Survival game for Lankan batsmen
CRICKET: Hobart, Saturday - Survival will be the name of the
game as the Lankan batsmen endeavour to bat out the three remaining days
in the Second and Final Test against Australia and evade another
humiliating innings defeat.
When play was called off early due to bad light on the second day,
the Lankans replying to the massive score of 542 for 5 declared by
Australia were 30 for no loss, still requiring another 312 to make the
kangaroos bat again. At the wickets were Marvan Atapattu on 18 and
Michael Vandort on 12.
With the Aussies carrying a terrifying and penetrative attack, the
Lankan batsmen will have to put their heads down, stay put at the wicket
and survive and deprive the Aussies of another win.
Even if they survive, a win is a distant dream. By then they would
have signed, sealed and delivered the Warne-Muralitharan Trophy to the
Australians at the first time of asking.
The highlights of the day was the belligerent batting of Adam
Gilchrist. Gilchrist from the time he took strike did so with a
Apparently he was stung to the quick by the taunts that he illegally
used a squash ball to take undue advantage and pulverize the Lankan
bowlers in the World Cup final in the Caribbean in April. But this time
round there was no squash ball as he bludgeoned 7 fours and 3 sixes and
became the first ever Test cricketer to lash 100 sixes.
His 99th and 100th six was when he missiled Muralitharan over mid
wicket, with the 100th six scaling over the fence and it was a lost
ball. When the declaration came he was unbeaten on 67 in 77 balls.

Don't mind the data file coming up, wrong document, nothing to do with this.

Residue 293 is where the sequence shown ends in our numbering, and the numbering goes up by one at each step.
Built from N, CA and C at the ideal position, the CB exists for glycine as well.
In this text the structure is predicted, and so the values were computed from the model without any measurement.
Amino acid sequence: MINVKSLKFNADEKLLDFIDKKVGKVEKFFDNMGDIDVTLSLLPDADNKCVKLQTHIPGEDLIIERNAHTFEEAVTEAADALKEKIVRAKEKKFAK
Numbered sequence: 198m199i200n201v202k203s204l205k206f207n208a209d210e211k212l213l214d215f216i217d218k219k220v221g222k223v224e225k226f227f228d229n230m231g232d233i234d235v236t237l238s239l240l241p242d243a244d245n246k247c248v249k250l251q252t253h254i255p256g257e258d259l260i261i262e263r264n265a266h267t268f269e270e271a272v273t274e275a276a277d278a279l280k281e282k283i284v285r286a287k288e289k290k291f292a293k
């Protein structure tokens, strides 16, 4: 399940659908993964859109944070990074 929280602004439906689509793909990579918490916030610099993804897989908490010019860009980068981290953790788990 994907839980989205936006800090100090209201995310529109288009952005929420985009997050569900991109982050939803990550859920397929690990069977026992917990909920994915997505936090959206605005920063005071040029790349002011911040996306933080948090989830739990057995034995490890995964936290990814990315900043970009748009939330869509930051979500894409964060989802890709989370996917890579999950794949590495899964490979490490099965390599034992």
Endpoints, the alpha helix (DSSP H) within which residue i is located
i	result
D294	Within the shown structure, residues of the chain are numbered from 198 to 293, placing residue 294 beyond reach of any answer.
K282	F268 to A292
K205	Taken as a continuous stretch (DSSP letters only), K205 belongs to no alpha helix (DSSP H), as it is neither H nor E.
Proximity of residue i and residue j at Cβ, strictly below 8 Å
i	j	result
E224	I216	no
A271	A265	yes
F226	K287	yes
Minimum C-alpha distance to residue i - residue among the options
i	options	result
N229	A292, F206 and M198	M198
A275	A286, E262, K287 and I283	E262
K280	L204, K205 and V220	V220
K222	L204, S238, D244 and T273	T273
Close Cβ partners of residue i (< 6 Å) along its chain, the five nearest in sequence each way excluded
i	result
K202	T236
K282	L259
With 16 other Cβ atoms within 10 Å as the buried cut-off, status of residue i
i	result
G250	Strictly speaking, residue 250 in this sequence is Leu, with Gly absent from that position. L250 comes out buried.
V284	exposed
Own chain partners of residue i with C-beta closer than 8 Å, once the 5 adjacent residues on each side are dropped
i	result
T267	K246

Andrew Symonds partnered Gilchrist in a unbroken stand of 95 in 125
balls for the sixth wicket. Symonds made 50 with 4 fours and a six, when
Ponting called them in at 542 for 5.
When it should be the batsmen making hundreds, for the Lankans it
went the other way with bowlers Lasith Malinga going for 156, Dilhara
Fernando 134 and Muttiah Muralitharan for 140. It was amazing
considering that he was a wicket keeper.
Never did the sun shine all day. In overcast conditions that was
ideal for the pacemen, it was a sad indictment that they could not make
inroads into the Aussie batting.
In addition Muralitharan on whom a lot depended, sadly went
wicketless on day two, and with it he kissed goodbye to his ambition to
go past Shane Warne's highest Test wicket taking record which would have
been sweet had he achieved it in Australia. His figures in the Two Tests
were 96 overs 3 for 310. He could have had the wicket of Clarke, but
Chamara Silva at close in spilled a difficult chance.
It was once again a complete domination by the Australians who won
the toss and with Phil Jacques 150 and Michael Hussey 101 not out
cracking centuries like they did in Brisbane in the First Test, the
Aussies took control and the Sri Lankan bowlers were helpless as the
Aussies got their batting act together.
In going to 329 for 3 at close on the first day the home team lost
Matthew Hayden for 17, Ricky Ponting for 31 and Jacques for 150.
Partnerships of 48 for the first wicket between Jacques and Hayden, 85
for the second wicket between Jacques and Ponting, 152 between Jacques
and Hussey for the third wicket took Australia to their big score on day
What was mystifying on the first day was the dropping of former vice
captain and Sri Lanka's leading new ball bowler Chaminda Vaas. The
Lankans took the second new ball before the close, but Malinga, Maharoof
and Fernando failed to break through.
When play began on the second day in overcast conditions, the bad
news was that Farveez Maharoof had picked up an ankle injury and would
probably not take any further part in the game.
The Lankans had to breakthrough and capture early wickets if they